No additional information is available on this topic.

PLANT RESPONSE TO FIRE:
Small burnet response to fire is not well documented. Since it is known to sprout from a thick caudex [79,117] that is attached to a large, storage taproot [18,42,89,119,120,127], sprouting is likely important to small burnet's postfire recovery. Rhizomatous plants may also sprout from the rhizomes after fire. Monsen [79] rates small burnet's sprouting ability as "good". Barnes [144] collected a small burnet plant that had sprouted from the caudex and produced a single flowerhead the year following fire in a pinyon-juniper community in the Beaver Dam Mountains of Utah. The specimen can be viewed online at Utah Valley State College's Virtual Herbarium.

As the flowering herbarium specimen suggests, small burnet can establish from seed after fire [139]. Top-killed plants that sprout and produce seed after fire provide on-site seed sources for small burnet regeneration. Since small burnet has long-lived seed that is stored in soil [67,141,147,147], the seed bank is another likely source of postfire establishment for small burnet.

Excluding sites seeded after fire, only one study was found for this literature review that documented small burnet presence after fire in North America. Small burnet was present in small numbers after prescribed fires in blackbrush (Coleogyne ramosissima) communities of southwestern Utah [12]. Method of regeneration (from seed or by sprouting) was not noted in the study.

Mean small burnet cover across 8 burned blackbrush communities in Utah. Values are means (SD) [12].
Postfire year Cover (%)
1 0.0 (0.0)
2 0.7 (0.9)
6 0.0 (0.0)
12 1.9 (0.4)
17 0.0 (0.0)
19.5  0.0 (0.0)
37 0.0 (0.0)
unburned plots 0.0 (0.0)

A single study was found of small burnet response to fire in Europe. A study in a Kermes oak community near Montpellier, France, found small burnet established only from seed after single or repeated prescribed fires. Trabaud [140] noted that small burnet was present in trace amounts before summer or fall prescribed burning. In postfire year 4, small burnet frequency was low on all plots, but was higher on burned than on unburned plots [139,140,142]. Repeat-burn sites were burned every other spring or fall, with a total of 5 fires in 9 years. Small burnet established in low numbers in some years and failed to establish in others on repeat-burn plots [139]. Small burnet flower production was similar on burned and unburned plots [141].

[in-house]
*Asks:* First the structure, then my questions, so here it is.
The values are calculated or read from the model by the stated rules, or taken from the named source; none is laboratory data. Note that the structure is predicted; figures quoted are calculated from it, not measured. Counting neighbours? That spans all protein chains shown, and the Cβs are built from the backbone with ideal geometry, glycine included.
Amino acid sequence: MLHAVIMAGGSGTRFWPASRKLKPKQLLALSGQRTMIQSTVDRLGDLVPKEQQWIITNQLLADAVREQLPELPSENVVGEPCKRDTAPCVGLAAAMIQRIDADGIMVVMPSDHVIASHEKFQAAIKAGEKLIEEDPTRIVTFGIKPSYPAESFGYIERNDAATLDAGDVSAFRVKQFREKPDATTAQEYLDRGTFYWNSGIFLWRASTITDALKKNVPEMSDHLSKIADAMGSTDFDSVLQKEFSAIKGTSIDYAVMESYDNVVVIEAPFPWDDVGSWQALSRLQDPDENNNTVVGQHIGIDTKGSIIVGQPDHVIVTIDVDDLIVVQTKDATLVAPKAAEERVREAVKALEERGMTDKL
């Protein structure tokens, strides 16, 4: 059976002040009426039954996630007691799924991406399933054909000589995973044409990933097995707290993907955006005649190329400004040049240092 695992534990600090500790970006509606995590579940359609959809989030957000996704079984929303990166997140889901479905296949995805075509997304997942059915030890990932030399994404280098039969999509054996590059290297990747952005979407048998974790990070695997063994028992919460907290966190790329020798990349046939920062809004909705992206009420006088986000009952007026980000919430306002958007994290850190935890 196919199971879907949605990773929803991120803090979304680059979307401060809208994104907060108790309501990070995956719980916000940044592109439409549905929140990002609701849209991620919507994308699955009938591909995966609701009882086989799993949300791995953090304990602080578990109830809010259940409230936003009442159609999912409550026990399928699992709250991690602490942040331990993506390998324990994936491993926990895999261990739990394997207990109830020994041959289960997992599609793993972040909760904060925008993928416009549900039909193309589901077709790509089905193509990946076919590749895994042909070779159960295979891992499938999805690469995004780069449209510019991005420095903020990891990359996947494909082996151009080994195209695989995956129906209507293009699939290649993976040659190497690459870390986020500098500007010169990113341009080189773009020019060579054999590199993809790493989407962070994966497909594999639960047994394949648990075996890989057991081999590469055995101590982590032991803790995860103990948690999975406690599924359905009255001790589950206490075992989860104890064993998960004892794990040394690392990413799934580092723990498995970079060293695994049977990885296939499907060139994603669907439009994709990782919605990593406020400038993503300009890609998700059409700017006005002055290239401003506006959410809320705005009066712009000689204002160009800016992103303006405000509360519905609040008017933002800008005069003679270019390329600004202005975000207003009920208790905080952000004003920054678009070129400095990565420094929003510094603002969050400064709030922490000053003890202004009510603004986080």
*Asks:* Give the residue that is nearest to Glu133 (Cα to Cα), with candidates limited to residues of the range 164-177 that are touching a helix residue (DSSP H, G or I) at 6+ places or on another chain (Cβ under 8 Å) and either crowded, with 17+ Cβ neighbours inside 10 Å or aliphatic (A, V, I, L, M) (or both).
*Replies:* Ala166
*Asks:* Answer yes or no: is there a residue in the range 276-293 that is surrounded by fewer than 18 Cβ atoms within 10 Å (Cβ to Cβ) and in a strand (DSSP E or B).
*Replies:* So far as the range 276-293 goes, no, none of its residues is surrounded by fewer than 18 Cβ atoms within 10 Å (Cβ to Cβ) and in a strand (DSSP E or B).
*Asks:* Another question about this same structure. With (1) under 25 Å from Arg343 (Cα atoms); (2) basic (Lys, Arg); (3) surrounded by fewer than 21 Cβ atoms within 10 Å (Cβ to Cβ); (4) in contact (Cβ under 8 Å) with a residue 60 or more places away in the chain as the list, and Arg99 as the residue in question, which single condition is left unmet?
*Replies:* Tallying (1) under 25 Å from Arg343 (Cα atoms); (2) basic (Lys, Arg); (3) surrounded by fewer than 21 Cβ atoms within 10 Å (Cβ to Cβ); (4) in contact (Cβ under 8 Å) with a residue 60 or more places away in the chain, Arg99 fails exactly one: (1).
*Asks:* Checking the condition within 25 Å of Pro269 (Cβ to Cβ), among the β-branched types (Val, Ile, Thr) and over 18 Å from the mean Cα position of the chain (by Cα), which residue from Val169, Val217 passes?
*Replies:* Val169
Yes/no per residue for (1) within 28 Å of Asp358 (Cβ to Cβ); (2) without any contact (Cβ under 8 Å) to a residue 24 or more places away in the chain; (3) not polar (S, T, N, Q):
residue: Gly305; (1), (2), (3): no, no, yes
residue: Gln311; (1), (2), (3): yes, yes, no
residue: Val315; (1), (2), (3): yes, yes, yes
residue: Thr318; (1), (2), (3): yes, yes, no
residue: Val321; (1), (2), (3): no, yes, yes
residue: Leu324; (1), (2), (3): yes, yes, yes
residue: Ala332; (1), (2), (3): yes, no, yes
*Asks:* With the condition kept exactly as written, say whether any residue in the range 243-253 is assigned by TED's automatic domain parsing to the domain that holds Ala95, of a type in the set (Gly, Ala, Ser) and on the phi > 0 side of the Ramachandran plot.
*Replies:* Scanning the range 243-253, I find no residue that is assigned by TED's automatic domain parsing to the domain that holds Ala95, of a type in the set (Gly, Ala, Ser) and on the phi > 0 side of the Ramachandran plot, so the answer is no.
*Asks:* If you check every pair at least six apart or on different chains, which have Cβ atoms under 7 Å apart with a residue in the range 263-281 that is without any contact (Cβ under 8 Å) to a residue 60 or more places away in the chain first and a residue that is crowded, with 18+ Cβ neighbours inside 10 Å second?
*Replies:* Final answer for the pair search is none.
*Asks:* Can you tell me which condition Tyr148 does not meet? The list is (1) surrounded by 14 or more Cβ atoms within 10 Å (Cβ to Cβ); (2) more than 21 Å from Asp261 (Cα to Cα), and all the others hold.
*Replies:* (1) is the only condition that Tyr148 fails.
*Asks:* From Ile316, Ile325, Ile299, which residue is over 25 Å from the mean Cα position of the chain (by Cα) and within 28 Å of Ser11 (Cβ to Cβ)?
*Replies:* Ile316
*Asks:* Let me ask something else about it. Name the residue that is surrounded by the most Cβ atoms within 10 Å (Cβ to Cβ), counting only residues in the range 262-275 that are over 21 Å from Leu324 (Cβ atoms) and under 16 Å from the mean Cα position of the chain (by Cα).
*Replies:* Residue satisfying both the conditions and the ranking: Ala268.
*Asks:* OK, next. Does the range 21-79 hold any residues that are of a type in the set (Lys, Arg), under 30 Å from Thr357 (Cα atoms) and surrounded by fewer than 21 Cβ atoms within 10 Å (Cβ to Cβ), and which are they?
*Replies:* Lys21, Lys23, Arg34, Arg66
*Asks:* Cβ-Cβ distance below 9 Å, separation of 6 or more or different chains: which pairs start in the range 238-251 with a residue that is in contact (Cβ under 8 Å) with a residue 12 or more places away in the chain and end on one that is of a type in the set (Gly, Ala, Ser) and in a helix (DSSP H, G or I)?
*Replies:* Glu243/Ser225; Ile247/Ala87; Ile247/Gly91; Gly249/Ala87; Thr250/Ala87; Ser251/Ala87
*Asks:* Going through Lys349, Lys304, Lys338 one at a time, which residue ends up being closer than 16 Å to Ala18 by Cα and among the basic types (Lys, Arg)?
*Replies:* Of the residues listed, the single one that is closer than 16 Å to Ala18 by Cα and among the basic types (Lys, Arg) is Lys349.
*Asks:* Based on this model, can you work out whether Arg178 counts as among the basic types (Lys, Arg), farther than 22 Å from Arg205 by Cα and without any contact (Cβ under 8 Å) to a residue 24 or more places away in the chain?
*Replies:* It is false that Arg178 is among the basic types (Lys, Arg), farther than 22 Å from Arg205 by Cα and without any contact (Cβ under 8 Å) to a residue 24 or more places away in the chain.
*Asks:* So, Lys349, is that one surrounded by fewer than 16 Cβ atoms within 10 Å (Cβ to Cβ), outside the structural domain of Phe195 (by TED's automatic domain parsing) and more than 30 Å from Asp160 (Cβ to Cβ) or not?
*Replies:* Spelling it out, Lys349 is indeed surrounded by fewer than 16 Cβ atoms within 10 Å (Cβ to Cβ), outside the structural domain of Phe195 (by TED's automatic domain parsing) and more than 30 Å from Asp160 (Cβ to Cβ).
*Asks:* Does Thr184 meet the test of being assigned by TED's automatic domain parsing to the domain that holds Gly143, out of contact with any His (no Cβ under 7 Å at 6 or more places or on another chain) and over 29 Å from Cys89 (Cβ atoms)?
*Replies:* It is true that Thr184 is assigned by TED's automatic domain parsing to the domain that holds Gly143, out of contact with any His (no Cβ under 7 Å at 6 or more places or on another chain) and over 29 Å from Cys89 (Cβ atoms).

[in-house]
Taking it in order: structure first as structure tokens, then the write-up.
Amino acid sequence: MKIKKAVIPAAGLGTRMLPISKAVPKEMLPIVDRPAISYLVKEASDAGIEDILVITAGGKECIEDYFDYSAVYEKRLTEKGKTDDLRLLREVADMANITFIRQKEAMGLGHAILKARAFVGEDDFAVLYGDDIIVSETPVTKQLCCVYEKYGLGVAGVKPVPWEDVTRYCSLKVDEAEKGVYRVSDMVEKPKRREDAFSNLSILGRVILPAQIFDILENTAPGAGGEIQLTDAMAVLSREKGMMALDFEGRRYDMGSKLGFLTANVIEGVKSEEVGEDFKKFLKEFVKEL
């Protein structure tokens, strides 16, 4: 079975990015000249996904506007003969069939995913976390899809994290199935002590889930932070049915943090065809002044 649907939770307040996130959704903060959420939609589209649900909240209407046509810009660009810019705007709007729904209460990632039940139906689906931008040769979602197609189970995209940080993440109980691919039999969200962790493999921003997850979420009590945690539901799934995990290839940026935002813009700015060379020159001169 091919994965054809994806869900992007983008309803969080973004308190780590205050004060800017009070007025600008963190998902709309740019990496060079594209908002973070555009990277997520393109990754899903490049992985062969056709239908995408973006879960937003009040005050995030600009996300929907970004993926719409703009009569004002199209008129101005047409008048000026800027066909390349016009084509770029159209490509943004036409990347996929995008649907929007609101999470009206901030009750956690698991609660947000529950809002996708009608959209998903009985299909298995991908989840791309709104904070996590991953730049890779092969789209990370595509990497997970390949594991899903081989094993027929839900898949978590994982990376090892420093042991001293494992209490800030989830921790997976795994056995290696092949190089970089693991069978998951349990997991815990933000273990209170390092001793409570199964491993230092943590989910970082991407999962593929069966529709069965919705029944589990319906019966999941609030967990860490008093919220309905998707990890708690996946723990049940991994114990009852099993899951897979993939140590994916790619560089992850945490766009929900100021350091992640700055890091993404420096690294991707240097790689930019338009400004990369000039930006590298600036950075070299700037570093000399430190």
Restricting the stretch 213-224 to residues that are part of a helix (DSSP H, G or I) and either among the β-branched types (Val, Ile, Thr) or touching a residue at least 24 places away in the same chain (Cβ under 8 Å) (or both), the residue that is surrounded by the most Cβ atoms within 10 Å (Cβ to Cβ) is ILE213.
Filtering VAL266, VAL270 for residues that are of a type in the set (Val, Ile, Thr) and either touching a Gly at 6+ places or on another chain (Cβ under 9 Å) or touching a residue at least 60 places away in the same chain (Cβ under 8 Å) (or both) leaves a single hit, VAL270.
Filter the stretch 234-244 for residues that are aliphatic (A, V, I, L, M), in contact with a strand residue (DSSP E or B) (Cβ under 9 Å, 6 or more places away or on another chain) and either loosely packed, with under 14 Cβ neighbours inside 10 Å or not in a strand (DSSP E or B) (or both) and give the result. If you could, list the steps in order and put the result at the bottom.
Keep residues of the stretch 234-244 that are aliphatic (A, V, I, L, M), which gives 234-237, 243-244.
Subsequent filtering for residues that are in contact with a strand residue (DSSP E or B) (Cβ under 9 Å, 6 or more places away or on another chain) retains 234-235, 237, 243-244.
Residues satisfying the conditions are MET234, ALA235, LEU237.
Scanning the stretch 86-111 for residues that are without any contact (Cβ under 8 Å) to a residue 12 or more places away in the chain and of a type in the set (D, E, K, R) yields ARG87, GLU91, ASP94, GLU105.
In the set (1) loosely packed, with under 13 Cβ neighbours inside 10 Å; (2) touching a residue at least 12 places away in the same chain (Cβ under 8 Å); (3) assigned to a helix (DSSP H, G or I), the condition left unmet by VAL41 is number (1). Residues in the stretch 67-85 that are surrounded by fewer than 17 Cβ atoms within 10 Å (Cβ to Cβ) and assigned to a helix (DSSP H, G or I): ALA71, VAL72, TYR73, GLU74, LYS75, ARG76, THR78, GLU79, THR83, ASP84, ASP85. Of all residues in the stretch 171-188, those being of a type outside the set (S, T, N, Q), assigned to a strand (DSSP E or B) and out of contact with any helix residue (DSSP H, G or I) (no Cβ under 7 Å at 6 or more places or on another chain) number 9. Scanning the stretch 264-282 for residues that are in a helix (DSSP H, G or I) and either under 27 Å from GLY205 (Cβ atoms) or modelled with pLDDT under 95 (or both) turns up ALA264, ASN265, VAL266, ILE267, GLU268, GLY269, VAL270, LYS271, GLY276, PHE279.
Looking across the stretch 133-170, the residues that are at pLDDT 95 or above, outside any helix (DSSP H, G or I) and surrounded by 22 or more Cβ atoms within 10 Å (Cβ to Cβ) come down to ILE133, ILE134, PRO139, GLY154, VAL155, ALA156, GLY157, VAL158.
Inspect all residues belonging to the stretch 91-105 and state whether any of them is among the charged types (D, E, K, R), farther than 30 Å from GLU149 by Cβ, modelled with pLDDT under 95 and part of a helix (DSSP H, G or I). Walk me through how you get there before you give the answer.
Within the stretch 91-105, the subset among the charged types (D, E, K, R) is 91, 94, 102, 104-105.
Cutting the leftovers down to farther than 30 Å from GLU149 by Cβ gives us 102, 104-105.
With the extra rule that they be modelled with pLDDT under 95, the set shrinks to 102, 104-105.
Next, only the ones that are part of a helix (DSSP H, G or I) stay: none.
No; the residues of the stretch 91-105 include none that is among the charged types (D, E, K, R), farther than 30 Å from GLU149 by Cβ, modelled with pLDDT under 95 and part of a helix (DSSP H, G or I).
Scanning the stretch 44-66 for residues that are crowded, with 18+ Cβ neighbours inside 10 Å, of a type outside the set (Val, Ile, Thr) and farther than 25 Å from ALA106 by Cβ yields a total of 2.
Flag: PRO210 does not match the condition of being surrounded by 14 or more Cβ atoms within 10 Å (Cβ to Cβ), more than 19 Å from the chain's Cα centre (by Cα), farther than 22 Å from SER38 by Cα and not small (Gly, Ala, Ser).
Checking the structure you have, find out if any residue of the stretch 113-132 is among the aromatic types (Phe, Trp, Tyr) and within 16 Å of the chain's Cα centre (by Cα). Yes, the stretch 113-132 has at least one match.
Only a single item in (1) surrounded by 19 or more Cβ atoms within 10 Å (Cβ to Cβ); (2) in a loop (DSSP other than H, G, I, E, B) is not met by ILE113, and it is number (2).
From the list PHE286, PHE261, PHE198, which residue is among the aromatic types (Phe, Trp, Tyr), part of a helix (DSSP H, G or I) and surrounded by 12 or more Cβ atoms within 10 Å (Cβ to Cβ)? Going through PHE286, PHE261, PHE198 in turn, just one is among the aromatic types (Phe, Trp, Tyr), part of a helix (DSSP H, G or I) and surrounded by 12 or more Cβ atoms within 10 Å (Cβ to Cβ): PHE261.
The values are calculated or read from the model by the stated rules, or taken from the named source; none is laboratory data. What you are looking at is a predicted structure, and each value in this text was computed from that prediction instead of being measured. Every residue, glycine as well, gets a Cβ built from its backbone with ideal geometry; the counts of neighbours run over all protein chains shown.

Small burnet seedling frequency (%) after spring or fall prescribed burning in southern France [139]
Year Spring fires Fall fires
1969* 0 1
1970 0 1
1971* 0 0
1972 3 0
1973* 1 0
1974 2 0
1975* 0 0
1976 0 0
1977* 0 1
1978 0 1
*Burn year.

Postfire seedings: Small burnet usually establishes the year after seeding, then declines rapidly [43,98]. Quantitative studies documenting small burnet presence after postfire seedings are few. In Wyoming big sagebrush and Utah juniper-Colorado pinyon (Juniperus osteosperma-Pinus edulis) communities of central Utah, small burnet was mixed with other nonnative herbs and native fourwing saltbush (Atriplex canescens) and seeded on burned sites the fall after an August wildfire. Small burnet's mean frequency 1 and 2 years after the wildfire was 25%; its frequency dropped to 19% in postfire year 3. Small burnet was not present on unburned plots [91,92]. It was also included in a nonnative seed mix used after wildfire in a threetip sagebrush (Artemisia tripartita)-basin big sagebrush-mountain big sagebrush community near Pocatello, Idaho. In postfire year 2, small burnet had 0.20% cover on seeded plots and 0% cover on unseeded plots [103]. In central Utah, a nonnative-native mix was seeded in the fall after July wildfires on pinyon-juniper and big sagebrush communities. In postfire year 3, small burnet was present in only trace amounts in both communities [15].

Small burnet was used in a mostly nonnative seed mix that included mountain big sagebrush after a prescribed fall fire in Daggett County, Utah, shrublands. Colorado pinyon and junipers (Juniperus spp.) were encroaching onto 2 shrub communities: a north-slope alderleaf mountain-mahogany (Cercocarpus montanus var. montanus)/bluebunch wheatgrass community and a south-slope rubber rabbitbrush (Chrysothamnus nauseosus)-mountain big sagebrush community. The fire was used to remove the conifers, and both communities were seeded soon after the fire. Moisture the year after fire was "favorable for establishment and growth of plants". Small burnet frequencies on south-slope sites were 23% in postfire year 6 and 0% in postfire year 11. Small burnet did not establish on north-slope sites [43].